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50 MIN
07 APR, 2022

Building a high performing Remote Engineering Team


This episode was a continuation of Episode 9, where we discussed with Vivek about Interviewing Remote First Engineering Talent. There was not enough time so we asked Vivek to join us again this week, and discussed Building a high-performing Remote Engineering Team.

We had so many questions we wanted to ask Vivek, with all of his years of experience we were hungry to know more of his expertise and advice specifically now adapting to a Remote-First World.

Vivek is the founder of SDE Skills AI and helps engineers in their interview process so they get hired by big companies like Meta, Microsoft, and Amazon. His empathy is amazing as he always talks about giving back to the community.

A lot of teams were forced to start working remotely to some extent, so we were retrofitted to this new remote world, so is this going to be the new norm? You need to know the company's expectations, are you going to be able to stay remote, or eventually go back to an office? It's very difficult to have a hybrid work set-up, so managers need to ask themselves what the strategy will be, and how will the hybrid be handled? How would you make it work so the remote team does not feel like a second-hand citizen? How are you trying to build a culture, to bring the team together? These are the questions that Vivek recommends that a remote-first leader takes into account when managing a remote or hybrid team.

Arjun asked Vivek when you are building a high-performing engineering team, how do you know your team is executing well?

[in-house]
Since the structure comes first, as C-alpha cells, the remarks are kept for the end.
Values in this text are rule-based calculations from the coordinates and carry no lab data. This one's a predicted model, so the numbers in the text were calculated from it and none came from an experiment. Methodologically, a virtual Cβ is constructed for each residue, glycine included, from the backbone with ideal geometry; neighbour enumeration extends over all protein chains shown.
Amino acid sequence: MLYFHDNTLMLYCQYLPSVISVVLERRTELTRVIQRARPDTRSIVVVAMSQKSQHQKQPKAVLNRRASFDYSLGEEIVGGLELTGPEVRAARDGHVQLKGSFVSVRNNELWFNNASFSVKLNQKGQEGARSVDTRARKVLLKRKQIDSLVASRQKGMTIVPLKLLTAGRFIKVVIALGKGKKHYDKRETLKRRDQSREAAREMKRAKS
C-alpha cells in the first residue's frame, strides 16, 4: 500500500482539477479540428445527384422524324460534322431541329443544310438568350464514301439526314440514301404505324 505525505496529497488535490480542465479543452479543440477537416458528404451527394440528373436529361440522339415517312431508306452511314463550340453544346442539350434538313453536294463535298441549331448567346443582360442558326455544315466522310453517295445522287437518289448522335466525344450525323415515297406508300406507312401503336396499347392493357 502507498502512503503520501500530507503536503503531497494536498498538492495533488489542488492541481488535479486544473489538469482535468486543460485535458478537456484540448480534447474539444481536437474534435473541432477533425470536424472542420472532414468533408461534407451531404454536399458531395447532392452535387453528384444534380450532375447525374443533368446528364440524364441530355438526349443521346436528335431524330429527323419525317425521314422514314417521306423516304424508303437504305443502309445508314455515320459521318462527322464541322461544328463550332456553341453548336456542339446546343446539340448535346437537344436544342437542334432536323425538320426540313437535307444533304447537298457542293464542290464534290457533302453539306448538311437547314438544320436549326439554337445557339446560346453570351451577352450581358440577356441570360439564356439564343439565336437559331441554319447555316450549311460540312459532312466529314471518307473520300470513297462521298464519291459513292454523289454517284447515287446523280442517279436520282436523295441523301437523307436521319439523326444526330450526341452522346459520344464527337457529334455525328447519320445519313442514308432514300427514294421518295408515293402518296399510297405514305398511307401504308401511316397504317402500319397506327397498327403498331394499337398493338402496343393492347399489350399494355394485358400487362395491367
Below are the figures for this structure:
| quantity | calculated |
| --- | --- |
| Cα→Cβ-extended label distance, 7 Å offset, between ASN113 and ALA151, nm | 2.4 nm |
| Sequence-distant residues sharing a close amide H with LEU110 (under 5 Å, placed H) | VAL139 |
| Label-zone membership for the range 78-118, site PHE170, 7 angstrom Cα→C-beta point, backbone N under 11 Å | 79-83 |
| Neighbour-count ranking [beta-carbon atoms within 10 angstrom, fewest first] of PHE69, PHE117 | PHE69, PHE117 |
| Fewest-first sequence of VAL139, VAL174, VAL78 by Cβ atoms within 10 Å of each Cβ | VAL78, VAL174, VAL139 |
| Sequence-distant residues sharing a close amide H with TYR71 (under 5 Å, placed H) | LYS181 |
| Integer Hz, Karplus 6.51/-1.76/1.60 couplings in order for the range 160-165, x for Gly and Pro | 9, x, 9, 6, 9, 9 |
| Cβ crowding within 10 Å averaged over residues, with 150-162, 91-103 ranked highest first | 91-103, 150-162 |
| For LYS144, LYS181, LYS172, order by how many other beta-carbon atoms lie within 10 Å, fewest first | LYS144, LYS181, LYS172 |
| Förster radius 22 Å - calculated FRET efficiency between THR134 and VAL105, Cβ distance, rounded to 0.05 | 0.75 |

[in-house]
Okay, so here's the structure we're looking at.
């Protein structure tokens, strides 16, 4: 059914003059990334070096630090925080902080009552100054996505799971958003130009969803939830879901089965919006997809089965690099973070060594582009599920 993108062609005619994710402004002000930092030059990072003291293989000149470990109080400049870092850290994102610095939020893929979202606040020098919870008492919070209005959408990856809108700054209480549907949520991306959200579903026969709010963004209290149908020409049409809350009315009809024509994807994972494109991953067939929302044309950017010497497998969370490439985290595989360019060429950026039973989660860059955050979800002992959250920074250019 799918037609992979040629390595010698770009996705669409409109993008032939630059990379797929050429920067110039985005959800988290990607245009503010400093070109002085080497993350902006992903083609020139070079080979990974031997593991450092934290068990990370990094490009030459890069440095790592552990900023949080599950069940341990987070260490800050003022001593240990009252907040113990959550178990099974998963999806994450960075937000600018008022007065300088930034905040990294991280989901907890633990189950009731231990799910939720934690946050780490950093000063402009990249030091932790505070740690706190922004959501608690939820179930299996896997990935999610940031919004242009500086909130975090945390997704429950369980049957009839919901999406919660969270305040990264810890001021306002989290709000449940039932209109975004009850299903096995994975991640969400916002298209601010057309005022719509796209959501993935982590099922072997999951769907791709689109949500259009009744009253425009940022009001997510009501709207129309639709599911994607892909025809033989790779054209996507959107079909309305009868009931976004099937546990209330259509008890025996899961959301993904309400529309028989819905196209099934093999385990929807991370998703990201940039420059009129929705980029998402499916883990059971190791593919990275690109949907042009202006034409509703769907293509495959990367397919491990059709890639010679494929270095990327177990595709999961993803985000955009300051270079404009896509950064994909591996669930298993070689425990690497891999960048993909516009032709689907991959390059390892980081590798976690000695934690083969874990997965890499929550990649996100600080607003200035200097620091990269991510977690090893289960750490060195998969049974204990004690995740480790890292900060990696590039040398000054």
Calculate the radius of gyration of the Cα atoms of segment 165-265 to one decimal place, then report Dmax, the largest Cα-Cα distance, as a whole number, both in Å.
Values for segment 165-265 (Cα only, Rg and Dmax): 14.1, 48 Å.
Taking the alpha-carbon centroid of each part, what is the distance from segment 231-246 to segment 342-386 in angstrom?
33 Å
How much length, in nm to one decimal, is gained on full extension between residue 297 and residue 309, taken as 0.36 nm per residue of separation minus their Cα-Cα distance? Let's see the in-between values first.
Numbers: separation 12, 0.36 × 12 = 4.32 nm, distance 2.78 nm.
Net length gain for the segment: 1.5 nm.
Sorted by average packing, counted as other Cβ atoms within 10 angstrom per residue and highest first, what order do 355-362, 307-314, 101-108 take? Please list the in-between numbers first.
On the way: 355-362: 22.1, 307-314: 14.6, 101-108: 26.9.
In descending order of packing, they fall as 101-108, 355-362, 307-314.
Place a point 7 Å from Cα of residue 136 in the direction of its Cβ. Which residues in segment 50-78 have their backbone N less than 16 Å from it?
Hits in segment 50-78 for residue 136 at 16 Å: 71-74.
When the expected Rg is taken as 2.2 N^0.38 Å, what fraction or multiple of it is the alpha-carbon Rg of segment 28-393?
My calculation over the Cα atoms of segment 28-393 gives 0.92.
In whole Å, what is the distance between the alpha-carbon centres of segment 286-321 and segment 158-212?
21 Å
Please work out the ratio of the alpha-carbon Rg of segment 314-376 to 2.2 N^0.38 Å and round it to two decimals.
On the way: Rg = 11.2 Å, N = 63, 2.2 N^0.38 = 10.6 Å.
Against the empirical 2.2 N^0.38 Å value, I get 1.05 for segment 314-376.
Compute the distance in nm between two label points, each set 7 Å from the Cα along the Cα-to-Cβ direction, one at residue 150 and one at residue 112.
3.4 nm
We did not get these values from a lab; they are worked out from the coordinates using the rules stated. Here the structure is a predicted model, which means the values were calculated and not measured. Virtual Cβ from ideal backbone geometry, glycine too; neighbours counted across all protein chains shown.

In a Fully Remote Organization, by the time you discover something is not working, hours have passed. This gets worse if you are working in different time zones. We need to start thinking of processes as if you’re writing subroutines in a program (Vivek is an engineer at heart) - with modules and sub-modules. Can you put processes in place that lets engineers work several hours without supervision or without needing any input? Tech leads should be able to monitor that and review it once a week and correct course if needed. In the Remote World, the skill to run autonomously is more valuable than other skills.

In one of this episode activities, we ask these questions and wanted the input from the public but also from Vivek, the question was:

Would you rather have a team with: 

  • High competences 
  • High commitment

You can have both but we wanted to know what will happen if you only can choose 1, so the public results were 80% high commitment and 20% high competence. Vivek before looking at the public answers was voting more for ownership over skill, because being predictable is more useful than being performant,  so to be autonomous the perfect mix needs to be a high degree of ownership and a high degree of commitment.

We also discussed the importance of a high work ethic, and how it will be impossible to hire especially remotely someone that does not have a high work ethic because it's difficult to inspire or teach ethics in people. 

As leaders Vivek will encourage people to start thinking about the problem we are trying to solve, how are we doing it, and why are we doing it? He also mentioned how expectation setting and expectation management are very critical, you need to be super explicit about what the expectations are and how you are setting them. 

One of the most important tips in this episode is that Vivek, tells to empower workers to work autonomously, and also stop Micromanaging, only latency and course correction for managers. And it is very important to have a yearly get-together where people can actually meet and break the ice, and this is a great way to motivate the team.

Very important thing is that you should not join a meeting unless you are adding value or getting value out of a meeting, as we all love to hate meetings. 

The last question we asked Vivek When you think about strong engineering culture, what do you think are the elements of that?

So he commented that essentially respect for what came before, because when you walk into an organization, and then you would see tons and tons and tons of things wrong with it and you need to understand why, but just start with respect for what was there. And the most important is to create an inclusive environment where people can ask questions, there are no questions too small or too big, and this is how people can come up with new idea

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